Gerbils also get the winter blues

Dec 20, 2010 By Katharine Gammon
A species of gerbil can get a bit moody when it doesn't get enough sunlight. Credit: American Friends of Tel Aviv University

December 21 -- the date of the winter solstice -- marks the shortest day of the year. Many people may find themselves wanting to spend more time on the couch and less time with friends -- one of the effects of seasonal affective disorder.

Zoologist Noga Kronfeld-Schor of Tel Aviv University in Israel thinks that studying mood disorders in animals -- specifically, wild gerbils -- may yield new clues about the way , or SAD, works.

Kronfeld-Schor and her colleagues took a group of fat sand rats -- actually a type of gerbil -- from the a research zoo in Tel Aviv and kept them in a room where they received only about five hours a day of light for three weeks, instead of the usual 12. The gerbils began to respond to the effects of less light.

"No, the rats don't lie down on the couch," said Haim Einat of the University of Minnesota Duluth, who also worked on the study. "But there are some behavioral aspects to depression."

The gerbils behaved strangely: they mated less, turned down tempting sugar water (usually ambrosia for rodents), acted more submissively and explored their surroundings less often. The scientists also noticed that the animals gave up more quickly trying to swim out of a cylinder partially filled with water and no way to escape.

Previous studies examined depression in mice and rats, naturally nocturnal animals. This research marks the first time scientists have studied seasonal disorders in animals that are active during the day.

After triggering blues in the rodents, the researchers then tested some of the available treatments for SAD. Depressed blasted with an hour of bright light each morning quickly regained their normal socializing behaviors. The researchers also tested a common anti-depressant, which helped the animals, but not as much as the morning light.

"The results with light were even better than any drug we used before," said Kronfeld-Schor, in research to be published in the journal Neuropsychobiology in early 2011. "And in humans it's been observed that light treatment in the morning works better than in the evening."

But what about animals in the wild that experience only a few hours of light per day during the winter? Can polar bears feel down? Kronfeld-Schor said that while it may not be exactly depression, there's an evolutionary reason for slowing down in the winter.

"If food availability decreases during winter, and mating success decreases during winter, and it's dangerous to be outside because of the temperature, then it makes sense to decrease activity level," Kronfeld-Schor said.

"It's difficult to tell if animals get depressed," said Randy Nelson, a professor at Ohio State University who has studied depressive-like behavior in Siberian hamsters.

He said that reduce their behavior in winter to focus on survival, and that humans were no different in our evolutionary history.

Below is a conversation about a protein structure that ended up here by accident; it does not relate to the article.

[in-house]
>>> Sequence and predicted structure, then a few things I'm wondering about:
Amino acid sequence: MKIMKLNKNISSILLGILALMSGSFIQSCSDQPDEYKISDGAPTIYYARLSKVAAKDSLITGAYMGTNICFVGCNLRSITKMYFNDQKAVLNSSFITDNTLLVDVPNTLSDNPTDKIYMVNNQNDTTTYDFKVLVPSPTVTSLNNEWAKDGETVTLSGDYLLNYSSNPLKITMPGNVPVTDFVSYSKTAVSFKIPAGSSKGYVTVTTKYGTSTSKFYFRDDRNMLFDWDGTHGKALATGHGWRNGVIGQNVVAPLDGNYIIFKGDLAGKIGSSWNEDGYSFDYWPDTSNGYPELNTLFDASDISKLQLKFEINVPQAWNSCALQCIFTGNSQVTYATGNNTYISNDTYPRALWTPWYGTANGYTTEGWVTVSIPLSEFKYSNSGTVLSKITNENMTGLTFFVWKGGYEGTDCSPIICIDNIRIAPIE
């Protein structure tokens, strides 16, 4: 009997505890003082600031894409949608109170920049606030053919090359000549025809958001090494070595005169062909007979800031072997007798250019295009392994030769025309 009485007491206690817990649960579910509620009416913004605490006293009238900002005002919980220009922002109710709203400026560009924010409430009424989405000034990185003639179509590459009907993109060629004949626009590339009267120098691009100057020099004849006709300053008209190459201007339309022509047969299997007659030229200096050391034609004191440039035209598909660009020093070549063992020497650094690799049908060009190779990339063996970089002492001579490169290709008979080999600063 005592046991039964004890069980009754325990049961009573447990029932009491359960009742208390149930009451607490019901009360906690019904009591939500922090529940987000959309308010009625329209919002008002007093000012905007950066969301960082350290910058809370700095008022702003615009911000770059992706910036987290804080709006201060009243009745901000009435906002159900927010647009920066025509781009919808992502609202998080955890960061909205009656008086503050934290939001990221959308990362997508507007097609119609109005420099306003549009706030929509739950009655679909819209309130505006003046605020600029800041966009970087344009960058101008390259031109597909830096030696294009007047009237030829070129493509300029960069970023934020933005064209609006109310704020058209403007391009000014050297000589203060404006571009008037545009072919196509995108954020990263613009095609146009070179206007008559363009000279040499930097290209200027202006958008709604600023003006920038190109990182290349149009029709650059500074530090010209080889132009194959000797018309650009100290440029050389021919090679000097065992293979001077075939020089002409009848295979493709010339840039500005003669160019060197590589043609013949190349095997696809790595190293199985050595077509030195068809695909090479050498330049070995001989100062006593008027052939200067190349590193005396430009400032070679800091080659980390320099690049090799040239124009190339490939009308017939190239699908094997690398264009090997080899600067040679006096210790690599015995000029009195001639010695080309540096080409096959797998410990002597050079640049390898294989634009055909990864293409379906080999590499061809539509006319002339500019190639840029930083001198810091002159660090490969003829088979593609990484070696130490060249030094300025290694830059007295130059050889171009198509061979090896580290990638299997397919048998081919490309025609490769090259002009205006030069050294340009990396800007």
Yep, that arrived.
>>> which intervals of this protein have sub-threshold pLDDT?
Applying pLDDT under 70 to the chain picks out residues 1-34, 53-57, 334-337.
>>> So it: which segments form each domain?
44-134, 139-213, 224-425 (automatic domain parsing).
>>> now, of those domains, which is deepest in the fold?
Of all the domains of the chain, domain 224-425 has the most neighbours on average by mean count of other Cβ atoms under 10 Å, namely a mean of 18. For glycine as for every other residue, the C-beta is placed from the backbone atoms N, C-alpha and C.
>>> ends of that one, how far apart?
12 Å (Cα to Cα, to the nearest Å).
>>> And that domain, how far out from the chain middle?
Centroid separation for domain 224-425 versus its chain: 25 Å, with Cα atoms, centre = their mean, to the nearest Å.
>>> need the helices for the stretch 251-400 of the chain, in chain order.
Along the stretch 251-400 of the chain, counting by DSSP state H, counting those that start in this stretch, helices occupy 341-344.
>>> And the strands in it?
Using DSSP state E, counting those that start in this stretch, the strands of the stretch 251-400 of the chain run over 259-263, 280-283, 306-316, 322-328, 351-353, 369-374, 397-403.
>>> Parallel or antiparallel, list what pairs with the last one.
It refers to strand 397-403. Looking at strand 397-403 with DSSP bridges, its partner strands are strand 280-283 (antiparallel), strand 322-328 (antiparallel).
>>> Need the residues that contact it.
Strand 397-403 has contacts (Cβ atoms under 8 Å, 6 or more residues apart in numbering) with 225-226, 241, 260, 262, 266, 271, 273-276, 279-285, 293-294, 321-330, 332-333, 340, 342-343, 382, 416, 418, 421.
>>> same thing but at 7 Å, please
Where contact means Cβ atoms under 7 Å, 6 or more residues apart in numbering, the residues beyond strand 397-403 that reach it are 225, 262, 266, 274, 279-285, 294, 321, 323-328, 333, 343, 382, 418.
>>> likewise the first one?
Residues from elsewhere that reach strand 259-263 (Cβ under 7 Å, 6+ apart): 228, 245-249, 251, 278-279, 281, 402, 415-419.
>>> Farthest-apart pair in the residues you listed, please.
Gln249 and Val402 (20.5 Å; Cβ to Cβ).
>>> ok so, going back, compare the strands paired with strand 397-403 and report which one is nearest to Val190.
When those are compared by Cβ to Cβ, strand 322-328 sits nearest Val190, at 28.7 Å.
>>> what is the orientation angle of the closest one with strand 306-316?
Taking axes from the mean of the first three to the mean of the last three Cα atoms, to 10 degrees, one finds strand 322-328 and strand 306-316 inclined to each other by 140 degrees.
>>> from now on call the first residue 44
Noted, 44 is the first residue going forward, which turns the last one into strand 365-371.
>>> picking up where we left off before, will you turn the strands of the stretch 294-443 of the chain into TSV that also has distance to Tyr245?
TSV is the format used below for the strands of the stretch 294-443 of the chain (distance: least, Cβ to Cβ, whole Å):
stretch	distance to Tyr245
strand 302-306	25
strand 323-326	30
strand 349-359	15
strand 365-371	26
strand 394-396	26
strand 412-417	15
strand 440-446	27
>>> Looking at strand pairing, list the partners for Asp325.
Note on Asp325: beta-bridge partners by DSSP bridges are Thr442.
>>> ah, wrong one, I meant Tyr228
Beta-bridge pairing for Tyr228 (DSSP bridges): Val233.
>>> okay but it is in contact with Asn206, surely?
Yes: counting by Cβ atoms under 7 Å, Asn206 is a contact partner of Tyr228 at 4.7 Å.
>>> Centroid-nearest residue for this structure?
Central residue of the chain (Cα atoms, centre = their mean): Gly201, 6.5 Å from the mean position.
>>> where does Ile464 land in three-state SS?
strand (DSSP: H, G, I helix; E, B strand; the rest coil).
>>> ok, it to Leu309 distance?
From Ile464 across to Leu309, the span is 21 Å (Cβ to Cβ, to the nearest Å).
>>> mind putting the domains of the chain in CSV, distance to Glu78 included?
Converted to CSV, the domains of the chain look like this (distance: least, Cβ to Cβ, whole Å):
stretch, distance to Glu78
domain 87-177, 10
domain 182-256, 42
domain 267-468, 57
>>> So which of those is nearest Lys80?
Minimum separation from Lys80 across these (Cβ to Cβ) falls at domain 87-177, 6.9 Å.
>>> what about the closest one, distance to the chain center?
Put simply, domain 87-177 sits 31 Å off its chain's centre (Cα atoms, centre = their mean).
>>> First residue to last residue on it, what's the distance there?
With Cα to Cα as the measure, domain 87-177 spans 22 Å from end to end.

But while slothful behavior may have kept early humans ancestors alive, blaming evolution still isn't a great excuse for missing a holiday party.

Explore further: Sex? It all started 385 million years ago (w/ Video)

Provided by Inside Science News Service

5 /5 (2 votes)

Related Stories

Fat sand rats are SAD like us

Nov 08, 2010

(PhysOrg.com) -- Saying goodbye to summer can be difficult for everybody. In some people the onset of winter triggers Seasonal Affective Disorder, or SAD, a mood disorder in which sufferers experience symptoms ...

Seasonal depression may affect hamsters

Nov 16, 2005

An Ohio State University study suggests hamsters may suffer from symptoms of anxiety and depression during the dark days of winter, just as some humans.

Networking around the clock

Apr 05, 2007

A Brandeis University study published in Cell this week shows for the first time experimentally that the circadian cells in fruit flies function as a network that enables the insects to adapt their behavior according to sea ...

Recommended for you

'Red effect' sparks interest in female monkeys

Oct 17, 2014

Recent studies showed that the color red tends increase our attraction toward others, feelings of jealousy, and even reaction times. Now, new research shows that female monkeys also respond to the color red, ...

Roads negatively affect frogs and toads, study finds

Oct 17, 2014

The development of roads has a significant negative and pervasive effect on frog and toad populations, according to a new study conducted by a team of researchers that included undergraduate students and ...

All in a flap: Seychelles fears foreign bird invader

Oct 17, 2014

It was just a feather: but in the tropical paradise of the Seychelles, the discovery of parakeet plumage has put environmentalists in a flutter, with a foreign invading bird threatening the national parrot.

Amphibians being wiped out by emerging viruses

Oct 16, 2014

Scientists tracing the real-time impact of viruses in the wild have found that entire amphibian communities are being killed off by closely related viruses introduced to mountainous areas of northern Spain.

User comments : 0